As dialogue over electricity subsidy extended to the extractive industry drag on, Energy Forum Zambia (EFZ) has challenged miners to compare local tariffs to prices paid in the region.
“We are challenging the Zambia Chamber of Mines to bring in public domain tariffs obtained in other countries where there is mining activity and compare with what they have been getting in Zambia,” said Johnstone Chikwanda, the Forum Chairperson.
The Forum’s plea comes on the backdrop of some mining companies resisting paying the new charges.
Some operators allege their companies are not been benefitting from electricity subsidies.
The development is already expected to put a dent on the country’s copper production forecast.
In August, government revised electricity tariffs and mining companies’ tariffs has been hiked to 9.3 cents per kilowatt hour.
Chikwanda said Zambia has been importing electricity at more than US12 cents and also buying from local independent power producers at the same price.
“The mines should, therefore, inform the public how much they have been paying,” he said.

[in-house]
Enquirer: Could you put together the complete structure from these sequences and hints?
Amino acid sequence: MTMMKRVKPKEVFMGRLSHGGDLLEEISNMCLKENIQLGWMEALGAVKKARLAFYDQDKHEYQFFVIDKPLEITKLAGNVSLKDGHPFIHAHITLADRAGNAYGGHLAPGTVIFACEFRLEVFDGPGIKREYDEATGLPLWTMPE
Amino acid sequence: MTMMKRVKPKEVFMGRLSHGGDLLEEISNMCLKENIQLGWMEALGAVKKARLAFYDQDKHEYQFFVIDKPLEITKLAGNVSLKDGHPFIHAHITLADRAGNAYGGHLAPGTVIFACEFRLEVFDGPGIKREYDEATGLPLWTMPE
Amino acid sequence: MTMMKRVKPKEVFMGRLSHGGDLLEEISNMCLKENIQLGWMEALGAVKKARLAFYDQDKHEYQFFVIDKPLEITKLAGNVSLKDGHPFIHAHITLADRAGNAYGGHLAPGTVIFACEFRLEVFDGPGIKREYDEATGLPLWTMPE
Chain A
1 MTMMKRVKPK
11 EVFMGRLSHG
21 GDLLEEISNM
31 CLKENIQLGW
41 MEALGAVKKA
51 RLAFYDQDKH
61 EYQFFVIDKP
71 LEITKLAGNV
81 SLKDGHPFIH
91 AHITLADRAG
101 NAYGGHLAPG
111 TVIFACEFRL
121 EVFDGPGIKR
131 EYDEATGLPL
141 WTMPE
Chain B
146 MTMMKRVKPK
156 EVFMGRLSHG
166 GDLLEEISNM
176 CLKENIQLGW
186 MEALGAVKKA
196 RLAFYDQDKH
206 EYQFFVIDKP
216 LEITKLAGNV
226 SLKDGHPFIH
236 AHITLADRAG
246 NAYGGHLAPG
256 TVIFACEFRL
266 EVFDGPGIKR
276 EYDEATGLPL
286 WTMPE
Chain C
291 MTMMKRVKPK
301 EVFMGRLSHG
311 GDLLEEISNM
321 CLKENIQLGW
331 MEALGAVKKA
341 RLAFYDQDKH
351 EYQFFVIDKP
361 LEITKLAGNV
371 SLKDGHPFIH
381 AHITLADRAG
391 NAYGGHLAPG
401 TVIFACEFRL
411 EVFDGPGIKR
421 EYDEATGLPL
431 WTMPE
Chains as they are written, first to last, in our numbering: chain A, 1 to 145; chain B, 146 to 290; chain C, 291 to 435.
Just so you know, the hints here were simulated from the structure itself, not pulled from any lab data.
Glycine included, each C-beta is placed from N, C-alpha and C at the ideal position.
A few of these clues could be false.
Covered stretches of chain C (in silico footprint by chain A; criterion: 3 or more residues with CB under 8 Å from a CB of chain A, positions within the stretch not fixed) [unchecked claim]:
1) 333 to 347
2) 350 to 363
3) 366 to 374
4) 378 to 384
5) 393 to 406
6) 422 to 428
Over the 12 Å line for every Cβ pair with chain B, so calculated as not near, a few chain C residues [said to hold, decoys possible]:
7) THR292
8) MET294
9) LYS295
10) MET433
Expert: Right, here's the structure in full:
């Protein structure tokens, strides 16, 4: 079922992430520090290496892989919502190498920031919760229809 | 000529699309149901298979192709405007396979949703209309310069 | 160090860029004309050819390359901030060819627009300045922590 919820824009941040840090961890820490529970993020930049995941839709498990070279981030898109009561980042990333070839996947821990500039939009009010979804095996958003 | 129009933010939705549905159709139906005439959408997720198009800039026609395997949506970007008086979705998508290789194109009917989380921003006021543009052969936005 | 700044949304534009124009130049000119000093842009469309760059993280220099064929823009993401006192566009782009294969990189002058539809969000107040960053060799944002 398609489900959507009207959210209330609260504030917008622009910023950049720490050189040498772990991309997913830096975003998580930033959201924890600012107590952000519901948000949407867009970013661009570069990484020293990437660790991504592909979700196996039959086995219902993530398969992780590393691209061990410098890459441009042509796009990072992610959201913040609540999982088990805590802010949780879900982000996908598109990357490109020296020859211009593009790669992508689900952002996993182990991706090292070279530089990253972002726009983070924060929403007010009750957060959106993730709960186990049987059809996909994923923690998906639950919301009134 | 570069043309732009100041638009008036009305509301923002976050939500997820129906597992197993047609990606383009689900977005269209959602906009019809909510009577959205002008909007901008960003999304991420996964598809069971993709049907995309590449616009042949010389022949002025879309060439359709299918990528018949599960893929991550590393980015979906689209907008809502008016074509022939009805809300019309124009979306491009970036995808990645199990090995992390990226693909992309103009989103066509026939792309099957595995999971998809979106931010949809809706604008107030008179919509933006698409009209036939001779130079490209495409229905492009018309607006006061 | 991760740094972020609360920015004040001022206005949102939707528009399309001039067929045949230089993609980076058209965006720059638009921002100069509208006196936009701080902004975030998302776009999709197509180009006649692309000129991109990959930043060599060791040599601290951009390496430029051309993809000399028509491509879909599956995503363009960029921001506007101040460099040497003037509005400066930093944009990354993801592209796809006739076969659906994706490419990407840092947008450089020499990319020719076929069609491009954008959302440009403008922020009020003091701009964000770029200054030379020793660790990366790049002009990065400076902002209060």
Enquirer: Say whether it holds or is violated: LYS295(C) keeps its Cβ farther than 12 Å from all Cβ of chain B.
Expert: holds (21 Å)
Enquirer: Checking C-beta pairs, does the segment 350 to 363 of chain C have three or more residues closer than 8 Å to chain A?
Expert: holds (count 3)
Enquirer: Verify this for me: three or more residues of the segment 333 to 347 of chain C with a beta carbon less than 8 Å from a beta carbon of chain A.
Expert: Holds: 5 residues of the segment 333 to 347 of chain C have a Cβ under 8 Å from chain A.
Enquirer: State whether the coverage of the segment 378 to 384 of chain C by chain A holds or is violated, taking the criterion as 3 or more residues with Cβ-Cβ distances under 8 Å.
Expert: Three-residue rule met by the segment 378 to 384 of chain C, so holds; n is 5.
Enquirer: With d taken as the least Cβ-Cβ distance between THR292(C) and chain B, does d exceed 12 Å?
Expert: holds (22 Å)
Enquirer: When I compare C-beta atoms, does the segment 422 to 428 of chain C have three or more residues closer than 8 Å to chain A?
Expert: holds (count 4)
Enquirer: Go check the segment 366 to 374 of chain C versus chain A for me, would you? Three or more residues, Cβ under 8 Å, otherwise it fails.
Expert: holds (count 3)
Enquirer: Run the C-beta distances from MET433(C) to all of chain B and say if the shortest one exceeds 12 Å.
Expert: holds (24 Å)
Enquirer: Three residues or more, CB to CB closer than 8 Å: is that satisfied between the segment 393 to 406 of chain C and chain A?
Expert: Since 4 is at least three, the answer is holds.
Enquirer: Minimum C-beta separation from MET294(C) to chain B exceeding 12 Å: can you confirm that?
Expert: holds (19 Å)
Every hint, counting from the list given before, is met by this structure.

Meanwhile, Zesco Limited says the new tariff adjustment will enable the company to complete power projects and also achieve its aspiration to become a hub of electricity in the region.
Henry Kapata, Zesco’s spokesperson is on record highlighting that the company is working on various power projects to improve the country’s power situation.
Last year, EFZ said ZESCO should increase tariffs to deal with prolonged loadshedding.
The Forum is of the view that there is some electricity in the Southern Power Pool which can be imported to reduce the prolonged load shedding currently being experienced in Zambia.
However, ZESCO is unable to import more expensive electricity which in turn will be sold at a loss in Zambia.